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  • The Tiger Report: Do You Really Want to Run Mac OS X on a Plain PC Box?

    October 4th, 2006

    Over the years, some analysts have suggested that Apple made a grave mistake in not setting up a real cloning program early on, so other computers could run the Mac OS. If only the company had listened to Bill Gates and others, today Apple might really own the computer market, not just in mindshare, but marketshare as well.

    It’s an intriguing thought, but one that is fraught with danger.

    When Steve Jobs first announced that Apple would switch to Intel processors, and you and I were reminded that Mac OS was still destined to run only on Macs, some folks tried to change things. They managed to induce the Intel versions of Mac OS X to run on their regular PCs. But that was not a legally sanctioned remedy, and compatibility with peripherals and even many applications was not a sure thing.

    Let’s forget the unofficial methods, and look at why Apple doesn’t want to open its operating system and sell it as a retail product that would run on any old PC that, perhaps, meets some basic hardware specs. You see, despite the hopes and dreams that the Mac OS would conquer the operating system world overnight, it would more than likely destroy Apple as a company.

    No, this is no extremist posture, and I’m not an Apple apologist. I’m just trying to face reality. And the reality here is that widespread compatibility with third-party computers conflicts with the concept of a lean, mean operating system development machine.

    Oh sure, Apple could get it to work reasonably well. They’d also have to expand their compatibility testing big time to account for untold numbers of PC configurations. Even if the list were restricted somewhat, that wouldn’t stop people from attempting and perhaps succeeding at unsupported installations, and you’d end up with chaos. Even Microsoft runs into trouble here from time to time, and it explains why a Mac “just works” most of the time and tends to suffer from fewer system hassles.

    The biggest issue, however, is that such a maneuver would simply gut Mac sales, which is still where Apple earns great profits. Now I do not accept the alleged conventional wisdom that Macs are more expensive than PCs. The condition is, of course, that the Mac and the PC are equipped with essentially the same set of options. When you follow those requirements, the Mac can actually be cheaper. But let’s not waste time on that argument.

    PC makers, however, sell millions and millions of stripped-down models. Apple won’t go there, simply because there’s little profit in it. Even the number one PC maker, Dell, seems to be retreating from promoting its cheapest products, and is emphasizing its higher-cost business  services. Falling sales and profits have forced them to tout a Dell 2.0 program to revise the company’s focus and prospects.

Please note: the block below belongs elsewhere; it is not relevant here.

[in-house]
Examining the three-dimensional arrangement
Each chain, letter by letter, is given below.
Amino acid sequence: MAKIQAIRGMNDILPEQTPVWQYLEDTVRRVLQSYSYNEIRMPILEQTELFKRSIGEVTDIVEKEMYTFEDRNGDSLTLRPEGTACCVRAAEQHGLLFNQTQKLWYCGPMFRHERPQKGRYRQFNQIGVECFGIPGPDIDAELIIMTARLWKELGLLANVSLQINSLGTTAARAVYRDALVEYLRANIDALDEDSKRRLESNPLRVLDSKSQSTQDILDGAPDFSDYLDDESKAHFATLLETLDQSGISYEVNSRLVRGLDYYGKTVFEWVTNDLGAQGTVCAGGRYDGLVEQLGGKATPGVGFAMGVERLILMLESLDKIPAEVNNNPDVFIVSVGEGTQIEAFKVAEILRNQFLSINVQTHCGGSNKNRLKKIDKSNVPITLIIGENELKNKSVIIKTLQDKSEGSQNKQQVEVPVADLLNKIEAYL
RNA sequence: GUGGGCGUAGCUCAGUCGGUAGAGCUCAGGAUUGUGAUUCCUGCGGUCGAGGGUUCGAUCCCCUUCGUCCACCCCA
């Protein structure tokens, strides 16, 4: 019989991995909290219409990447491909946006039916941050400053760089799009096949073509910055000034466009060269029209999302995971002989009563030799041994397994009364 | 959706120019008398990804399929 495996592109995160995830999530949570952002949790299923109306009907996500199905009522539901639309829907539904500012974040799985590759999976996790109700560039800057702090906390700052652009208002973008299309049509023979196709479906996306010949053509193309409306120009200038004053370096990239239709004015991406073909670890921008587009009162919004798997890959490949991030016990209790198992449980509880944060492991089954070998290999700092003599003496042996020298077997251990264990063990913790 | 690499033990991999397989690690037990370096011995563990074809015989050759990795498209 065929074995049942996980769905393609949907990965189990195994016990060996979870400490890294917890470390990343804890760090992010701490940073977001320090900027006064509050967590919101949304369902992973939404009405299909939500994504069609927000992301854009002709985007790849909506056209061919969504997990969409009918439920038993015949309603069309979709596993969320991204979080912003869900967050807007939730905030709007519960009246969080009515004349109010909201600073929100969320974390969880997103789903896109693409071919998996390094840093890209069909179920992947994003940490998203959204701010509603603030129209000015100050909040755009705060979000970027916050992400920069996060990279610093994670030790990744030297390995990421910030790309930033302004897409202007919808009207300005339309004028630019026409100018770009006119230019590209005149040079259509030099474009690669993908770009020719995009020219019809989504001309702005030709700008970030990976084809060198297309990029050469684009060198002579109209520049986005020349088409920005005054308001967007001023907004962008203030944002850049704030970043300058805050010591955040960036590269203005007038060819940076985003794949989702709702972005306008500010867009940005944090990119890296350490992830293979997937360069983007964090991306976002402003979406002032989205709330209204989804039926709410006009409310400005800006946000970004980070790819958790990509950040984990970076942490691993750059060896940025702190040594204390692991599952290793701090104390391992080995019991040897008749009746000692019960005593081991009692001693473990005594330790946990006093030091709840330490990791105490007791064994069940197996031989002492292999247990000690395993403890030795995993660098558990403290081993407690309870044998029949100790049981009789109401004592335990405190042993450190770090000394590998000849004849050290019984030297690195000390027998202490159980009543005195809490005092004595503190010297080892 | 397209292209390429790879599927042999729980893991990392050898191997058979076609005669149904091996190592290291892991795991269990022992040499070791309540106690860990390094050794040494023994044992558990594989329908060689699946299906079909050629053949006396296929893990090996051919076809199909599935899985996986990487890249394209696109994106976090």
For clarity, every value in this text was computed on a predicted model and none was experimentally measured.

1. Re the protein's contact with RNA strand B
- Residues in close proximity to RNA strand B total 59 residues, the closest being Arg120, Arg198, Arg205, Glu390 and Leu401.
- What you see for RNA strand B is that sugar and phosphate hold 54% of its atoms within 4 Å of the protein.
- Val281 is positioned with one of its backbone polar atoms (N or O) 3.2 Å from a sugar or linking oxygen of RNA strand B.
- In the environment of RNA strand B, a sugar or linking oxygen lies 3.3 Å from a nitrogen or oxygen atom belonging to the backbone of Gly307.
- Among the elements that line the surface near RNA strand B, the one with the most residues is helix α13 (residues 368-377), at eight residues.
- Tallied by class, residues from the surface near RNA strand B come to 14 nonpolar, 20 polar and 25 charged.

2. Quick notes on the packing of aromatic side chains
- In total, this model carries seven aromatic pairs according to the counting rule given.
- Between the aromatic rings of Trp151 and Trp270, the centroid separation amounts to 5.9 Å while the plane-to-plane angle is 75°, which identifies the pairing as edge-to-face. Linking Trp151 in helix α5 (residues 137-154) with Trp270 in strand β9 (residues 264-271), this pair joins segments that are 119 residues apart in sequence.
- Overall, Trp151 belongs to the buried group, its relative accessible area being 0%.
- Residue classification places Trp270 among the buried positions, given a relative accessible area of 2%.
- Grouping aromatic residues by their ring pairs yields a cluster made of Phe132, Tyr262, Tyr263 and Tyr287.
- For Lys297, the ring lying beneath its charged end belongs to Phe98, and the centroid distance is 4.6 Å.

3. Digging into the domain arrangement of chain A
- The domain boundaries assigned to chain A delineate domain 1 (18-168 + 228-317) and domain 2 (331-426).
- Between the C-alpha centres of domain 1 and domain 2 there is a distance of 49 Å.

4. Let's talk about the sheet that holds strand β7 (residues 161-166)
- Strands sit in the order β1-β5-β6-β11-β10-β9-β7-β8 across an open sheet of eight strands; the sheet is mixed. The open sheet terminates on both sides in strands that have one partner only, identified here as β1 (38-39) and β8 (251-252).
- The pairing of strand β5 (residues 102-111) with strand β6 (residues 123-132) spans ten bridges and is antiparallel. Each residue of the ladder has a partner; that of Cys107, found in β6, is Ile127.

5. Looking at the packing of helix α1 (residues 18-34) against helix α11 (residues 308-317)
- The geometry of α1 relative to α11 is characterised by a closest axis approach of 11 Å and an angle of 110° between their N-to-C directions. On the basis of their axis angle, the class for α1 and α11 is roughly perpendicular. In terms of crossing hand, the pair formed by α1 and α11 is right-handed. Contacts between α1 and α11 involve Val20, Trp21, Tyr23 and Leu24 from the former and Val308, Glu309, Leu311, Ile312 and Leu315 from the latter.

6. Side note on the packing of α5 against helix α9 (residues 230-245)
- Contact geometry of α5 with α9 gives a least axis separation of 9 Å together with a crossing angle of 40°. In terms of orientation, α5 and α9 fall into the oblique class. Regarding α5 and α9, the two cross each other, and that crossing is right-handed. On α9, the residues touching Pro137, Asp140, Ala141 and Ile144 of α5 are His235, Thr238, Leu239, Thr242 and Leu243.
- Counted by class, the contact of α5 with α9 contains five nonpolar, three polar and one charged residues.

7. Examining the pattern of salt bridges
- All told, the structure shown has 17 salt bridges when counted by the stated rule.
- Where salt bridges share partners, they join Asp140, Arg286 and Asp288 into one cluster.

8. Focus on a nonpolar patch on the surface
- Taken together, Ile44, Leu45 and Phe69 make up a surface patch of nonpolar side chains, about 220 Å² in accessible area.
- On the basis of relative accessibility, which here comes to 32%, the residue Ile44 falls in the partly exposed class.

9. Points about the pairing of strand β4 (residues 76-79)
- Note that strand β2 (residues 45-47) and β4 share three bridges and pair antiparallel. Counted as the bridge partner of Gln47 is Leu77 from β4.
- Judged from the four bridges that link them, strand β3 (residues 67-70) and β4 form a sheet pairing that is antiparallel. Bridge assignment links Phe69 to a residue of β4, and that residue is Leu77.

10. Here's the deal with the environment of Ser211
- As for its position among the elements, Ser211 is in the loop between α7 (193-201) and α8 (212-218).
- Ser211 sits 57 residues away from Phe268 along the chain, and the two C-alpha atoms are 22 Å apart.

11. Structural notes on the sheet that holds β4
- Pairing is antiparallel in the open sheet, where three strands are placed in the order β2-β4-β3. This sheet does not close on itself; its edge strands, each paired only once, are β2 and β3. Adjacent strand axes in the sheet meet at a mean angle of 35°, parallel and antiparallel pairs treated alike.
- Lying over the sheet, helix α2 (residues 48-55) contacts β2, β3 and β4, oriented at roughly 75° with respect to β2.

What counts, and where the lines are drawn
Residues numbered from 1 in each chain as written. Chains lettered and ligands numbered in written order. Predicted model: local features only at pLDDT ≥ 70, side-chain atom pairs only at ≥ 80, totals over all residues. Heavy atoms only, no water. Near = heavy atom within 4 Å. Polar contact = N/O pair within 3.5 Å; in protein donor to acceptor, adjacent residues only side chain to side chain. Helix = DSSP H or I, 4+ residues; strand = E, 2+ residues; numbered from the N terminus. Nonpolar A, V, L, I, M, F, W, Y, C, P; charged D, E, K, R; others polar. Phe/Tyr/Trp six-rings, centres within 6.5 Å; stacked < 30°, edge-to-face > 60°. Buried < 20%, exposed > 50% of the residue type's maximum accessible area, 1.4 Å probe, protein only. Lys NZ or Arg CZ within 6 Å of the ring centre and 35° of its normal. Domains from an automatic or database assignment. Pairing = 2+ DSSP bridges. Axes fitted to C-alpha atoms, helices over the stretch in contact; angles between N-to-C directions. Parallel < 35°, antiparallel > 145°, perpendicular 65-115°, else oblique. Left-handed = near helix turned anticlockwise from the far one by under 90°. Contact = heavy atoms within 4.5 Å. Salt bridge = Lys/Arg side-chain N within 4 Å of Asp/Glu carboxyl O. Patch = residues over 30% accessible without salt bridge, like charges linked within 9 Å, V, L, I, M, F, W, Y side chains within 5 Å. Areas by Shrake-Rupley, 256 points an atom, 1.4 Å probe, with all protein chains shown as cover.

But you can see that Apple’s hardware sales would likely be wrecked by predatory companies who will tout how you can run Mac OS X on a cheaper product. It doesn’t matter if it’s not an equivalent. It will simply take sales away from a real Mac.

    Lest we forget, Apple tried an official cloning scheme in the last decade. Forgetting some ill-thought, and perhaps desperate, elements of the contract with third parties, the scheme nearly destroyed the company. No wonder that Steve Jobs killed the program. No it wasn’t done in a fit of rage, but to save Apple Computer.

    Today, Apple has shown with the iPod and with the Mac that it succeeds best as an integrated company, one that provides the operating system, a lot of application software, and the hardware.

    Sure, things are far from perfect. But it’s not necessarily true that Macs are less reliable these days. Yes, there have been problems, but even if the percentage of defective units is unchanged from what it was years ago, higher sales mean more computers will be impacted. Even a small number of complaints will, if published in the right troubleshooting-oriented sites, spread around the world in a matter of minutes.

    Now maybe the day will arrive when Apple will decide to take the huge risk of sacrificing its hardware to really battle Microsoft in the operating system arena. But Microsoft will have to be truly suffering for that to have any real chance of success. The Apple you know and love will otherwise not survive an all-out war.

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